The New York Times
Felicity Barringer

On the second stage of the venerated Maly Theater here, James, Mary, Edmund and Jamie Tyrone are trying to untangle their hatreds and groping to save one another in Eugene O'Neill's Long Day's Journey Into Night. At the small studio-theater of Oleg Tabakov, the raw recruits of Neil Simon's Biloxi Blues are discovering cruelty and camaraderie to the strains of the Russian Gypsy song Ochi Chyorniye. ... Call it "Broadway on the Moskva," or "the Americans are coming." More than ever before, the Soviet theatrical world given form and voice by Stanislavsky and Meyerhold is speaking with an American accent. ... As the critic Sergei Ostrovsky put it, Biloxi Blues and other American plays here "prove that theater can exist so that actors can love the characters they play ... and not just so they can declaim some sort of stripped-down political ideas." "The American plays offer people a resonance, a projection of their own inner problems and thoughts," said Vitaly Vulf, who has translated Tennessee Williams and has written on the history of American drama in the Soviet Union.

... Biloxi Blues, particularly, confronts Soviet audiences with a variety of issues seldom touched on, or offered only in a preordained moral context. One is the theme of scared young men preparing to go to war, a theme that touches a raw nerve in a country that has lost thousands of young soldiers to the eight-year war in Afghanistan. Wars here are always righteous, and Soviet soldiers are usually both brave and on the side of the angels. But as the uneasy privates in Biloxi Blues talk about the chances of death, the sense of right and wrong is missing. The sense of fear is not. More strikingly presented in that play is the theme of anti-Semitism, the confrontations between Pvt. Arnold Epstein and Sgt. Merwin J. Toomey, the bitterness, intimate hatred and odd attraction between two men from different worlds. A generation after the Stalin-inspired anti-Semitic waves of the late 1940s and early 50s, Jewish themes are seldom touched on the Soviet stage. When they are, either they stay within the familiar shtetls of Sholom Aleichem, or they are offered with sharp moral commentary ("Don't emigrate," exhorts a current drama, No. 40 Sholom Aleichem Street.) Biloxi Blues shows anti-Semitism without frills, the more deadly for its unadorned directness. "I don't know when we've ever seen something like this treatment of Jews," said one Jewish theatergoer. "American dramas are pitiless, strong," said Mr. Vulf. "They reveal everything without any masks."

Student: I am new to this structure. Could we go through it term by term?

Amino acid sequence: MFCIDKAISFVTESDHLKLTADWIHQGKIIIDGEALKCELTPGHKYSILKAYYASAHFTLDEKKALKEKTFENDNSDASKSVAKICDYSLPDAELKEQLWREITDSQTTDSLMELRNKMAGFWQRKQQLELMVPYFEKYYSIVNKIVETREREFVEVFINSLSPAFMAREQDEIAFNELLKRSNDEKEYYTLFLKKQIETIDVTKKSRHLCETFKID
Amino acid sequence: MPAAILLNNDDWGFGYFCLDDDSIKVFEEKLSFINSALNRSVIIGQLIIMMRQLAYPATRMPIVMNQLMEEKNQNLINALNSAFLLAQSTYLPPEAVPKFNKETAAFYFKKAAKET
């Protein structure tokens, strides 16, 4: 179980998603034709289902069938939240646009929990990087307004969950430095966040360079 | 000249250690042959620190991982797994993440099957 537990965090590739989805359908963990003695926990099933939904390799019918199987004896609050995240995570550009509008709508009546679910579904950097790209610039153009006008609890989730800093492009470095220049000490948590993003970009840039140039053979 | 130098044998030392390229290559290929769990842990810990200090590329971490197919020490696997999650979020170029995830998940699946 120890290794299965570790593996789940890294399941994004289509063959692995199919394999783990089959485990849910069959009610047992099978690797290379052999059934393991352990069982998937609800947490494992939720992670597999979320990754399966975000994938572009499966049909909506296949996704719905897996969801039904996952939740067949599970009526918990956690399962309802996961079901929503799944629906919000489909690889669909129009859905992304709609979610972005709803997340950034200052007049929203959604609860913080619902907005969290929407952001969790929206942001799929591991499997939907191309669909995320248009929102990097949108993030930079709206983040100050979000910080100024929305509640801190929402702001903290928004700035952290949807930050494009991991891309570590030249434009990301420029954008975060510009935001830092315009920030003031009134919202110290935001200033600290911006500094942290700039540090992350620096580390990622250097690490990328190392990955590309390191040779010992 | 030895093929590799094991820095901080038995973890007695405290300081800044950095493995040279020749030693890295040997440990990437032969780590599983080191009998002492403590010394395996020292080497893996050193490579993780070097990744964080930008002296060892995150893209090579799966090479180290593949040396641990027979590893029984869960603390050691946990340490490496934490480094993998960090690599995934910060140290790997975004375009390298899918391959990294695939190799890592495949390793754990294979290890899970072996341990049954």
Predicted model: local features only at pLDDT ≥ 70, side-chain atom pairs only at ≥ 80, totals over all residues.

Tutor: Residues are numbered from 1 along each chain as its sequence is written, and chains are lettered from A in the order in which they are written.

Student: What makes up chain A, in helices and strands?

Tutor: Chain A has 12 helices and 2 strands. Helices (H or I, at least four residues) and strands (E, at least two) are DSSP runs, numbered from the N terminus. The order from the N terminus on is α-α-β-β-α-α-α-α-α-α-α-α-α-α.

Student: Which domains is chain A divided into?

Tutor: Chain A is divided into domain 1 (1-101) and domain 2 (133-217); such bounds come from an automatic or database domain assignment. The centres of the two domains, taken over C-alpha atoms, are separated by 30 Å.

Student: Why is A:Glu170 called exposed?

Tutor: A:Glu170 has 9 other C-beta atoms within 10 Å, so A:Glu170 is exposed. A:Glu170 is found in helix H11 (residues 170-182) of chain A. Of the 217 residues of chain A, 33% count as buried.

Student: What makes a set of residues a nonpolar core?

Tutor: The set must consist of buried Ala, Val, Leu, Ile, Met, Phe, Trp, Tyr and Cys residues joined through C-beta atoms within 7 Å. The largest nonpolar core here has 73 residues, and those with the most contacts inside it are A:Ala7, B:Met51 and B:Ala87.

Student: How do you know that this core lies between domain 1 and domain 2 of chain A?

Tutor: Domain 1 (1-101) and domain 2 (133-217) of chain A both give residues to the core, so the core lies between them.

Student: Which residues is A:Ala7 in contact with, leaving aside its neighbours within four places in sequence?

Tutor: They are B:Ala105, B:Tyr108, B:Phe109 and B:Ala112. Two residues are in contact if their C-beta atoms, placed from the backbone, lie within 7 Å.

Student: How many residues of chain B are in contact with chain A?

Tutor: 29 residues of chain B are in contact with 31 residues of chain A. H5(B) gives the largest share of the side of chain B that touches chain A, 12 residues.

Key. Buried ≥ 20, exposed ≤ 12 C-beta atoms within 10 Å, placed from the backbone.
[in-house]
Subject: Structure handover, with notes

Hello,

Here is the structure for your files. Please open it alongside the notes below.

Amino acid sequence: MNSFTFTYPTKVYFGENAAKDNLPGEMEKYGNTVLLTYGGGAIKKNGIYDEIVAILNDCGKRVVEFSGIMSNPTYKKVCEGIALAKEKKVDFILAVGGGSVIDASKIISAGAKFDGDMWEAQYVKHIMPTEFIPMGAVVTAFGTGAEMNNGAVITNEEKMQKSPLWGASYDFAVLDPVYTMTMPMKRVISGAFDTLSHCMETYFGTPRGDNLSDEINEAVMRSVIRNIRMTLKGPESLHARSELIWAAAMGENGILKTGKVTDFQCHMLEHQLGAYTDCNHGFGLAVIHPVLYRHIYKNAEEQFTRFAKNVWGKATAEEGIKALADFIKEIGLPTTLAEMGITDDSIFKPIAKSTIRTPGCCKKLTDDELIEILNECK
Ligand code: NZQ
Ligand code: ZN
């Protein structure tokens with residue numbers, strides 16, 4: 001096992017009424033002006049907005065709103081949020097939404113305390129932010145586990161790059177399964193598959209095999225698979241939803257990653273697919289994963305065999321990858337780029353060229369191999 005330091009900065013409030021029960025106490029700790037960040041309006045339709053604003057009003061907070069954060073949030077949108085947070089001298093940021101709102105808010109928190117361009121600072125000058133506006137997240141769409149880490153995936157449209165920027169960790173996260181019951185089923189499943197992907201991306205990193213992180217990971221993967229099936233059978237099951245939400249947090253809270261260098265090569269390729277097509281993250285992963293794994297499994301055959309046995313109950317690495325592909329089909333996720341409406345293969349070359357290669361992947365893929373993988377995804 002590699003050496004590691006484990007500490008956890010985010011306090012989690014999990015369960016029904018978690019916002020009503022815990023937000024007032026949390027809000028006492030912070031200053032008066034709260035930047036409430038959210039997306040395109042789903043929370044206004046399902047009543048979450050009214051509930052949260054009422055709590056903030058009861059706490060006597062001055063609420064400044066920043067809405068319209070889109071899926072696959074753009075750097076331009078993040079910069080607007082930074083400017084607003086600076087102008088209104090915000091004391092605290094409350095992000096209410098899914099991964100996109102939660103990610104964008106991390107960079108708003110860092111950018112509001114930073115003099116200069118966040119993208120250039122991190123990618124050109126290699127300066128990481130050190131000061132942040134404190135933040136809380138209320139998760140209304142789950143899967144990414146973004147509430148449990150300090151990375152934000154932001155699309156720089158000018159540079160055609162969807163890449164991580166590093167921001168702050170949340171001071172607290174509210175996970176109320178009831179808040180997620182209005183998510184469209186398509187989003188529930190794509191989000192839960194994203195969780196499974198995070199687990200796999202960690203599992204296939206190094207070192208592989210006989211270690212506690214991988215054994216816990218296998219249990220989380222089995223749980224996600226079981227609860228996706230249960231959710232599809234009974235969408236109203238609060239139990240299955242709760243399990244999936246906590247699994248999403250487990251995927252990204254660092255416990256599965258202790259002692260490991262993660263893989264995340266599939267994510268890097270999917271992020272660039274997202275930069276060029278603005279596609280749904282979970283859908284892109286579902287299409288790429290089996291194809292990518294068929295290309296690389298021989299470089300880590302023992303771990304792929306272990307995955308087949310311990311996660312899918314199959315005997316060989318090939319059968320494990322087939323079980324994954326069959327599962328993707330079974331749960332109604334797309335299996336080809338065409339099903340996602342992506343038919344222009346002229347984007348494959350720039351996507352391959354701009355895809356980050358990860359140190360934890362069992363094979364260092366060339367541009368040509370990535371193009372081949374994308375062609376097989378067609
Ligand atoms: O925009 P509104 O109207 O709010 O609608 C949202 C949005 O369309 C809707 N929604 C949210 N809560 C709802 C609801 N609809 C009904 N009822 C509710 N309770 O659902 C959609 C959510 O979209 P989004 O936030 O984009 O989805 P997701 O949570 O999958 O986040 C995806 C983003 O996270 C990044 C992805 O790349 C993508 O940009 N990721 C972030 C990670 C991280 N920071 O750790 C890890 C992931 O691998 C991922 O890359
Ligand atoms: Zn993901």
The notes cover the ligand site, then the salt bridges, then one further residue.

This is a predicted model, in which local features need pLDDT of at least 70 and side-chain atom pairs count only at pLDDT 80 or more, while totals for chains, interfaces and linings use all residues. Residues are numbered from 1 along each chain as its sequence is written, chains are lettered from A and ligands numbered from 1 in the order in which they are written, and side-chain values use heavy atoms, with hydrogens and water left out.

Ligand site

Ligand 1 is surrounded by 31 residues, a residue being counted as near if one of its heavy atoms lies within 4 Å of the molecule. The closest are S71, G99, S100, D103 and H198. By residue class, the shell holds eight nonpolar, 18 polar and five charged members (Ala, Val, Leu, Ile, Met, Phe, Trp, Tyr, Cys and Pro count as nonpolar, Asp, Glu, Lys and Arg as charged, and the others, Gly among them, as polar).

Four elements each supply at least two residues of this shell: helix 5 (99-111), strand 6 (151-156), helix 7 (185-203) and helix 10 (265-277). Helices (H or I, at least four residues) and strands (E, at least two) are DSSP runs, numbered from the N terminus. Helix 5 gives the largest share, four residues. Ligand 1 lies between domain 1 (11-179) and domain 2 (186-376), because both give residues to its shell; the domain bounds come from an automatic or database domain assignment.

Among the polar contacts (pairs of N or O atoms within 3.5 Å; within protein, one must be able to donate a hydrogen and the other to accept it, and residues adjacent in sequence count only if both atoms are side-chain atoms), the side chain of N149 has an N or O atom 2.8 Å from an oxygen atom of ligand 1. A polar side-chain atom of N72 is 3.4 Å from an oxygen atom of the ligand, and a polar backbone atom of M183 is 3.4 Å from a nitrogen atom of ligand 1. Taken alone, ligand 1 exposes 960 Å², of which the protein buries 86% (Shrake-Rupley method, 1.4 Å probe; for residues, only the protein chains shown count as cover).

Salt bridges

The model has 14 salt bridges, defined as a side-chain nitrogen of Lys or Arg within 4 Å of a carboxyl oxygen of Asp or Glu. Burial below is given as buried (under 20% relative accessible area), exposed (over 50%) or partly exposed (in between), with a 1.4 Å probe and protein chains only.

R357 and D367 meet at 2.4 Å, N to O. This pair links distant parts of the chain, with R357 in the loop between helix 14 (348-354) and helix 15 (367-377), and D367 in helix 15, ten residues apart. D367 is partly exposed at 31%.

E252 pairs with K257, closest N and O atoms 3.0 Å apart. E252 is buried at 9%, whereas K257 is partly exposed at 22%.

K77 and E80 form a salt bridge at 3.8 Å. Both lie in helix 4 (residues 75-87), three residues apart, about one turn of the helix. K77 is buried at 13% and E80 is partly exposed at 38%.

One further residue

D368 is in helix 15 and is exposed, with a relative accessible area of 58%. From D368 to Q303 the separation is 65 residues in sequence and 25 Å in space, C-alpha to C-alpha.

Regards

The premiere of Desire Under the Elms will provide another sort of milestone as well. The acting, like the theater, will be Russian. But the director, for the first time on a Moscow stage, will be an American, Mark Lamos of the Hartford Stage Company. He is the first of at least four American directors expected to arrive in the Soviet Union in the next year, bringing more American drama with them. Theodore Mann will be directing under the auspices of the Maly, and two other directors are also expected shortly. ... The directors' assignment, as Mr. Lamos and Mr. Mann understand it, is to bring true American theatrical style to Soviet audiences. But within days of their arrival, both men found themselves taken aback by a striking difference in Soviet and American theatrical styles: the emotion gap. "They seem to have trouble holding back, letting their emotions build to a peak throughout a scene," said Mr. Lamos. "You can see it coming – the diaphragm pulls up, the chest goes out, and you know a declamation's coming." The tendency Mr. Lamos was trying to discourage is strikingly evident in other productions of American works here. "They tend to go overboard emotionally," said Mr. Mann. But, he added, "there's as much value in another culture looking at our material through their lens as there would be in us looking at their classics through our culture. They have no past education; they come to it quite innocently."

The result may be peppered with stereotypes – James Tyrone, the Irish-born actor from Connecticut, dons a cowboy hat in Long Day's Journey – but can offer remarkable new interpretations of old characters, Mr. Mann said. For instance, in Long Day's Journey, the mother, Mary, is presented as a much more aggressive and sensuous woman than Western audiences are accustomed to. More important, he added, is that "the public have an opportunity to see us, our culture, though our plays now. The ones that have come here are the very best representations of our philosophy, our country, our own inner turmoil. Our plays don't show things as complacent or solved. There's upheaval. Maybe there's something in the emotional revolution or evolution that they are going through that makes them empathize with us."